Dear Megan, I have been doing so much work on my inner self and my inner monologue. I have a daily meditation practice and all sorts of great self-care in my routines. I really thought I was getting better. I am comparing myself to people much less, and I have made tons of changes in my life and I feel really good about where I am. And then, I feel like I regressed in a major way. I spent the weekend in the Hamptons with some friends who really like the club scene out there, and whom I really love. I’ve had weekends like this a million times before and really enjoyed, but this weekend, I just felt like crap about myself and started thinking I was a failure. “I need to make more money. Why don’t I look like that? Or why don’t I drive that? Or date that guy?” I thought I was over this!! What am I missing? What else can I do to change my pattern of thinking? Help! -E, 27


I LOVE this question for several reasons. First, it’s a microcasm of a lot of the choices that we have to make in life. This one seems like a small one and pretty straightforward–presumably, a particular place, a particular weekend, so just let it go, right?! But, we often undertake this same behavior for years and years, in relationships, in our jobs, in spaces and places that we continue to show up to, invest in, thinking something will change (definition of insanity, anyone!?), so it’s worth recognizing and nipping in the bud at first sight. We want to practice noticing it and calling it out here, as you have done.

Second, it also highlights a really typical thought pattern that many of us have (especially women), where we think the problem is us. We are way more likely to see the problem as inside of us and work tirelessly to change ourselves, when we actually don’t need changing!

And, lastly, the idea of “regression”. We want so badly for our progress to be linear and clean and up and to the right! Sorry, but it doesn’t work like that. It’s more like switchbacking up a mountain, where you feel like you are just going back and forth, over and over again, but in reality, each time you are a little bit higher up. It’s huge progress that you even noticed and identified your thought patterns as being self-critical in this environment, and, on top of that, are thinking about what steps to take to avoid those thought patterns again.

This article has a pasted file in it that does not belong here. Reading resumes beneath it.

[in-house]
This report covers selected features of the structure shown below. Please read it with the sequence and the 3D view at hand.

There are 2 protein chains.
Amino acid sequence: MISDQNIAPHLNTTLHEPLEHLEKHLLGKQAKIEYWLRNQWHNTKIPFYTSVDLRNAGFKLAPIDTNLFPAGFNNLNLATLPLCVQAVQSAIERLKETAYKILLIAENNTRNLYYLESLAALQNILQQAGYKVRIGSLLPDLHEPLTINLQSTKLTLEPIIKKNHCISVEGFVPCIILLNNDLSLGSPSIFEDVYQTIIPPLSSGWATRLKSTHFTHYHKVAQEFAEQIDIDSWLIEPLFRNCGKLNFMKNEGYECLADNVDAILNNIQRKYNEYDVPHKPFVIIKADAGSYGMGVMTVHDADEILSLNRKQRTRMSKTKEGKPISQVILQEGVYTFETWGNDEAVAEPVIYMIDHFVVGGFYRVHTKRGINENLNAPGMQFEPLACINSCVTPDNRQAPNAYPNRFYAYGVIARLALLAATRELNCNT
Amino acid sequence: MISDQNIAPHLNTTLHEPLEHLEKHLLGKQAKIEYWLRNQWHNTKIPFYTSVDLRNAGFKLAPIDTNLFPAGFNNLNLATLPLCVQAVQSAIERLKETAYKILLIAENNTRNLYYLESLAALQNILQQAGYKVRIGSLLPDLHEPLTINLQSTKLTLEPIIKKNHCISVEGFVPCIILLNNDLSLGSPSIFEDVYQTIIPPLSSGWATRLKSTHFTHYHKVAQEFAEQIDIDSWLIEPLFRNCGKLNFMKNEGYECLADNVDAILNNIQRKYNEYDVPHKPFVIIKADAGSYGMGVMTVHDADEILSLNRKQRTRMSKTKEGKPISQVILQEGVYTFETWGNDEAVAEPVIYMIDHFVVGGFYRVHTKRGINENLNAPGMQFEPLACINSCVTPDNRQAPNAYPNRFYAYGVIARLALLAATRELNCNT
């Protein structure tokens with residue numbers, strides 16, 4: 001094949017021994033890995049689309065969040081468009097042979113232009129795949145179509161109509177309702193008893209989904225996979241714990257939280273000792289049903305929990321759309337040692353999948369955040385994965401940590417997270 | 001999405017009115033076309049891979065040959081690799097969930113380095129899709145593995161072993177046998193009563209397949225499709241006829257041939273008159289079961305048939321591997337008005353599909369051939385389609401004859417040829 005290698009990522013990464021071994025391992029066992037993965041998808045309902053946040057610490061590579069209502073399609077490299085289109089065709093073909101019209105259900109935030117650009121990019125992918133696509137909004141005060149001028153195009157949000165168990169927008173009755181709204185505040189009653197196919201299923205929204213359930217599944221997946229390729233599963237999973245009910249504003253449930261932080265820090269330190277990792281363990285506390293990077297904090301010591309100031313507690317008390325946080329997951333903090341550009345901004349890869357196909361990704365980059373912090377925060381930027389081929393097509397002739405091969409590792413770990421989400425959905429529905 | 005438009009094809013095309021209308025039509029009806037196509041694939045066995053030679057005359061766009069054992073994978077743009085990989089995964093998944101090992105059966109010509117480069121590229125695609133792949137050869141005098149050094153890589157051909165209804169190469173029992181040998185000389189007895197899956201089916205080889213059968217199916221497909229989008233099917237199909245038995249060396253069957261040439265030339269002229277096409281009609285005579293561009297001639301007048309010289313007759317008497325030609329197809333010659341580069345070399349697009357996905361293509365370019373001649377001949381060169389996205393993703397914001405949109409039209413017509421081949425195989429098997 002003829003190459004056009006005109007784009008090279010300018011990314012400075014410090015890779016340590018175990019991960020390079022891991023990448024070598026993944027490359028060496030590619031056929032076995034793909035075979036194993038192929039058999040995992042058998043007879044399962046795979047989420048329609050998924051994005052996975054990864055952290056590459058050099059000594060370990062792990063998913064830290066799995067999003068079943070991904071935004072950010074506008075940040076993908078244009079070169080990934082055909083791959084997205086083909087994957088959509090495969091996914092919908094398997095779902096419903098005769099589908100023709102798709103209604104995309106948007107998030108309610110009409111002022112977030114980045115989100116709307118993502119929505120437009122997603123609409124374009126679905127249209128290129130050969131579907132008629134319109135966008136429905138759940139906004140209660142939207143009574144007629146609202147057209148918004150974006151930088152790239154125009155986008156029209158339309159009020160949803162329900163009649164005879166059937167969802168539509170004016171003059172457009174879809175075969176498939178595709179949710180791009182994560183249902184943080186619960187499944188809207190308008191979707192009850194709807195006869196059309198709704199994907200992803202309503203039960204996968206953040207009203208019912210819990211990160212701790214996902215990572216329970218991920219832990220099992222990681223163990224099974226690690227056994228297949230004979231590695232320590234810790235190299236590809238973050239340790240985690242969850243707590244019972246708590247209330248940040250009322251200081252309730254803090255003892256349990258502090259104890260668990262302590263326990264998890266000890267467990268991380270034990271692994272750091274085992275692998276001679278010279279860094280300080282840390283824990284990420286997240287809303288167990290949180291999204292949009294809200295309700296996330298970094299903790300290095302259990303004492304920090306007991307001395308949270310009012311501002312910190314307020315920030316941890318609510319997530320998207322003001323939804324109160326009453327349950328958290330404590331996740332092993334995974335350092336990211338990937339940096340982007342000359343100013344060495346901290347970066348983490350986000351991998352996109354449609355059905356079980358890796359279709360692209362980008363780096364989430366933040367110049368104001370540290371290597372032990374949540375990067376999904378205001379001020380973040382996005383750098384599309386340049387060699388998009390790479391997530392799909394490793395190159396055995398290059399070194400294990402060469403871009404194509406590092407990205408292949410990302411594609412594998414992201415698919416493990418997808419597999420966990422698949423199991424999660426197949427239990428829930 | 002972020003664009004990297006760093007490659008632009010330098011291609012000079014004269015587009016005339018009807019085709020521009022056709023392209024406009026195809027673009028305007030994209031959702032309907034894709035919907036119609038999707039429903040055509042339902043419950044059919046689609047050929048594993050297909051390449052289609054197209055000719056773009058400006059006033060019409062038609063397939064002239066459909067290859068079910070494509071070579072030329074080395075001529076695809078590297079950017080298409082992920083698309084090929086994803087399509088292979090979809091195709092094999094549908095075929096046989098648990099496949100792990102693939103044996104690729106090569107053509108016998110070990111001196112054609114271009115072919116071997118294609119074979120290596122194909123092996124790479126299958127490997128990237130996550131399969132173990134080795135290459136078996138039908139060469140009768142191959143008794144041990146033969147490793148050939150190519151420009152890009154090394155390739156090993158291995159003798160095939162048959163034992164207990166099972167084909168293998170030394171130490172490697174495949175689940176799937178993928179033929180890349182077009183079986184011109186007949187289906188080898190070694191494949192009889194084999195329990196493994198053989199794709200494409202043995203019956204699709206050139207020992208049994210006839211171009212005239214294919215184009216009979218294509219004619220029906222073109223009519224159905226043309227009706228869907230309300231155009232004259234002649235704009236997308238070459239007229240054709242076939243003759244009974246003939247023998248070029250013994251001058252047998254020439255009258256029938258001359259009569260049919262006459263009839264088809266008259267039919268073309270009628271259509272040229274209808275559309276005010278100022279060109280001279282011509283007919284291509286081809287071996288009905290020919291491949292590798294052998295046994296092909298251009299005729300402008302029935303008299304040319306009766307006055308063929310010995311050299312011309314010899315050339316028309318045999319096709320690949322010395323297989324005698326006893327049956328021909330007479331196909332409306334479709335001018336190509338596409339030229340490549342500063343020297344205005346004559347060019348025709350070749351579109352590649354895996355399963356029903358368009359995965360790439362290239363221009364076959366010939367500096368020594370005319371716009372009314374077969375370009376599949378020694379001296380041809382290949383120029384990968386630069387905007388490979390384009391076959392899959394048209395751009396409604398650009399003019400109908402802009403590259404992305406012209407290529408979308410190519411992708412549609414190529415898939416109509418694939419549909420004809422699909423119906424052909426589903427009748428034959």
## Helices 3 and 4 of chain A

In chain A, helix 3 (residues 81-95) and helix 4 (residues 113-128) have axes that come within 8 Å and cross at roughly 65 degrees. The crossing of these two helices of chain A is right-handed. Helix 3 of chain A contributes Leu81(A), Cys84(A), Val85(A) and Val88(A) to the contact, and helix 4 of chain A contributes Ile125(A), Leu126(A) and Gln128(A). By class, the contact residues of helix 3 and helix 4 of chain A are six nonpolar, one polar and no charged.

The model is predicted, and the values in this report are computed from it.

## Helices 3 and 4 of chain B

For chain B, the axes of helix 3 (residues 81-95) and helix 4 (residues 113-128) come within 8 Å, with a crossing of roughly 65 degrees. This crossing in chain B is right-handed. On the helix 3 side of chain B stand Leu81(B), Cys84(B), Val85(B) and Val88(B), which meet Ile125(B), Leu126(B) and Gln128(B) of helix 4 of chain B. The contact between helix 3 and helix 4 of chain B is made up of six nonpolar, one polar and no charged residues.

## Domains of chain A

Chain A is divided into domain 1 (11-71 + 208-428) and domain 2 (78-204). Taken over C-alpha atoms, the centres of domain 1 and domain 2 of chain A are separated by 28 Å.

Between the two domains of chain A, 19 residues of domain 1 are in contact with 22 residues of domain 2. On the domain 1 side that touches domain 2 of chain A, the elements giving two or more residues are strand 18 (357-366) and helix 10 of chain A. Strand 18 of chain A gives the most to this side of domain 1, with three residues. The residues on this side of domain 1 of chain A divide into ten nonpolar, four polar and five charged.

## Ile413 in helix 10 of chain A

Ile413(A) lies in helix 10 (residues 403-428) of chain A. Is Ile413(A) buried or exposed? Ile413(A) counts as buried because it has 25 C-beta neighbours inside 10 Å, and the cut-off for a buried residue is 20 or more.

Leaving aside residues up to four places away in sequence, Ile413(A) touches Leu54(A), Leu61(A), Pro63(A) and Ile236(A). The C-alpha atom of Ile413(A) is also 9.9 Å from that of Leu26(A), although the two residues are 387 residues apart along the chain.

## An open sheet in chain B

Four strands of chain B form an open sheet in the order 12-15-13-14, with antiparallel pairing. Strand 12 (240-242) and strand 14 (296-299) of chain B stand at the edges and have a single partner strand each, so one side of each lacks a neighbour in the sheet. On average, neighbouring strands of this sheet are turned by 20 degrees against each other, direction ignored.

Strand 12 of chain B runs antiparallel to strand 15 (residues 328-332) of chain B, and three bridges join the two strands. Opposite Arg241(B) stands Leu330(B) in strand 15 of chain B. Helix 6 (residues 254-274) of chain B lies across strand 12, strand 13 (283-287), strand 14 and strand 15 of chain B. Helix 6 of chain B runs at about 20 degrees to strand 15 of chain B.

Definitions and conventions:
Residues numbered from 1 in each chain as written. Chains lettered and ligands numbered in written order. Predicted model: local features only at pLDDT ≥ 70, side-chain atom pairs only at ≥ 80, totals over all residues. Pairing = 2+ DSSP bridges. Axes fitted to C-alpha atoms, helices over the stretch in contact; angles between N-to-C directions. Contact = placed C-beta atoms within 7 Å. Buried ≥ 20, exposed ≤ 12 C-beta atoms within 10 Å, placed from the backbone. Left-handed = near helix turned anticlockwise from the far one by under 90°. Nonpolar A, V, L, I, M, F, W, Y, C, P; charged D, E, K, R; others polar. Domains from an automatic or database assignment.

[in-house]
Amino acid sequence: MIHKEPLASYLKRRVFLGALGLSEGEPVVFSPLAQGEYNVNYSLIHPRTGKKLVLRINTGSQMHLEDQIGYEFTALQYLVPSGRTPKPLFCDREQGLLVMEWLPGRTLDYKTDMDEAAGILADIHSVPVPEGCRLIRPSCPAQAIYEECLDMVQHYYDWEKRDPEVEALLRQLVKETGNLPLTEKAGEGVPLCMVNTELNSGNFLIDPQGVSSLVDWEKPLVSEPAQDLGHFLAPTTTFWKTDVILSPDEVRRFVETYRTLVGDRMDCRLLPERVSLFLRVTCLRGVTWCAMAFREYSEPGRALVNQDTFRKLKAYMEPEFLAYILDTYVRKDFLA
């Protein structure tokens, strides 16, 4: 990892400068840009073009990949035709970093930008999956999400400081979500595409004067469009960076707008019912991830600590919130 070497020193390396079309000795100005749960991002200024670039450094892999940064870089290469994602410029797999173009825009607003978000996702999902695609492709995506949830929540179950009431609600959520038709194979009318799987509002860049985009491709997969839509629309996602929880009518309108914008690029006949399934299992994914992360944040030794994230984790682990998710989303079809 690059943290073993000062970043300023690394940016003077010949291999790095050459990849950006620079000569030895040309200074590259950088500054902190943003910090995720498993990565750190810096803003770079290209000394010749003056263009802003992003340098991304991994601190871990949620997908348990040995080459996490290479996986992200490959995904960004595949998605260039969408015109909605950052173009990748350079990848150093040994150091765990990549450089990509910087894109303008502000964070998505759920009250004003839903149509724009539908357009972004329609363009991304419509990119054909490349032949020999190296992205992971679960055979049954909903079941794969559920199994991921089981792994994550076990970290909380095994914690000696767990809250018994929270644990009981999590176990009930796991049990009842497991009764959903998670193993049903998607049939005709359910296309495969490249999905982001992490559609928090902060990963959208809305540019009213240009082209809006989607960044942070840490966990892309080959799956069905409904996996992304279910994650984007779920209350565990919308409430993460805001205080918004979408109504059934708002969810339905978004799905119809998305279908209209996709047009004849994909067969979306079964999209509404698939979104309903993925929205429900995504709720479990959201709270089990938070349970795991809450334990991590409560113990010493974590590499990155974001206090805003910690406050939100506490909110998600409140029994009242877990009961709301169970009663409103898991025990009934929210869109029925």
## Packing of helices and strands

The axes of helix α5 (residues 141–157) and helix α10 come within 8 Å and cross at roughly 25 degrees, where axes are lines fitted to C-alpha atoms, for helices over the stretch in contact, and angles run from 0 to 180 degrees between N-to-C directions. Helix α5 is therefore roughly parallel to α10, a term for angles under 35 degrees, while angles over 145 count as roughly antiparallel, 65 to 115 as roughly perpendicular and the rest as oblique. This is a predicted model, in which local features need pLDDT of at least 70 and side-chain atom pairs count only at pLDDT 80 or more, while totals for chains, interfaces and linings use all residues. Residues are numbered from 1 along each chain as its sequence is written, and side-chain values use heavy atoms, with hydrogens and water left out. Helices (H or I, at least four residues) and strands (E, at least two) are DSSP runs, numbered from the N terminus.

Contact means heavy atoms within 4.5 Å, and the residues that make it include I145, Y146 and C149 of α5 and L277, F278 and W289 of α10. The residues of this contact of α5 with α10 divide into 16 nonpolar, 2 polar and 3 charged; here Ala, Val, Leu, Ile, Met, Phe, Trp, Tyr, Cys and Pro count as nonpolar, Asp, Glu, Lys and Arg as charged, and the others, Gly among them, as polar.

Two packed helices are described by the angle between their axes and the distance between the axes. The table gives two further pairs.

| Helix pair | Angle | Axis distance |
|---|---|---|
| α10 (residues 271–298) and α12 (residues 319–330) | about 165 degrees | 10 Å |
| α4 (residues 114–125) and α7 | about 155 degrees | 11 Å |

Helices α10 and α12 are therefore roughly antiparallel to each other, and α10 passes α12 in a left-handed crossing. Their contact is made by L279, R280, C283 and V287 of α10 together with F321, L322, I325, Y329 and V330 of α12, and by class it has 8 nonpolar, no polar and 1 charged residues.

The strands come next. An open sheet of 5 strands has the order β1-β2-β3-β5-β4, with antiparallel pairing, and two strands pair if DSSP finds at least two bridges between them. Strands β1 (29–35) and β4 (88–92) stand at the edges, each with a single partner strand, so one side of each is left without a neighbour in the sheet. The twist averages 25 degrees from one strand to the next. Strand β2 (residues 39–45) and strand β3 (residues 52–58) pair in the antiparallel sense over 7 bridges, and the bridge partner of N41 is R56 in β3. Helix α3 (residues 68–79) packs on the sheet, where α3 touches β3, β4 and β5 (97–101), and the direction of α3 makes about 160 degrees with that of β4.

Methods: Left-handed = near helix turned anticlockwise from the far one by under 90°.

Back to why it is important to highlight this seemingly minor moment: There are 2 parts of creating your best life: the internal work and the external work. The internal is all the work it sounds like you’ve been doing, working with your mind and your emotions, BUT that has to go in tandem with action–making decisions about putting yourself in the environments that best serve you. AND the more you do the internal work, the more intolerable some of the external environments you used to spend time in may become. You choose who you spend time with, what kind of environments you put yourself in, and you are responsible for that. We are responsible for our own triggers. Sometimes, working with our own minds can only get us so far, and some environments are just…toxic, and not aligned for us/in our integrity. Simply put, you may just not prefer that Hamptons club scene (I don’t!!). Your values may not align with the others there. They may not be your tribe. You may not get the nourishment that you are looking for there.  You may find that being in that environment fires up all of the parts of your thinking that aren’t helpful, especially “compare and despair”, when we compare ourselves to other people and then despair over own lack and unworthiness and how “behind” we are in life. Usually, if it is causing you pain and suffering, AND you are trying to work with your mind, it is your intuition’s way of telling you that this just isn’t where you want to be.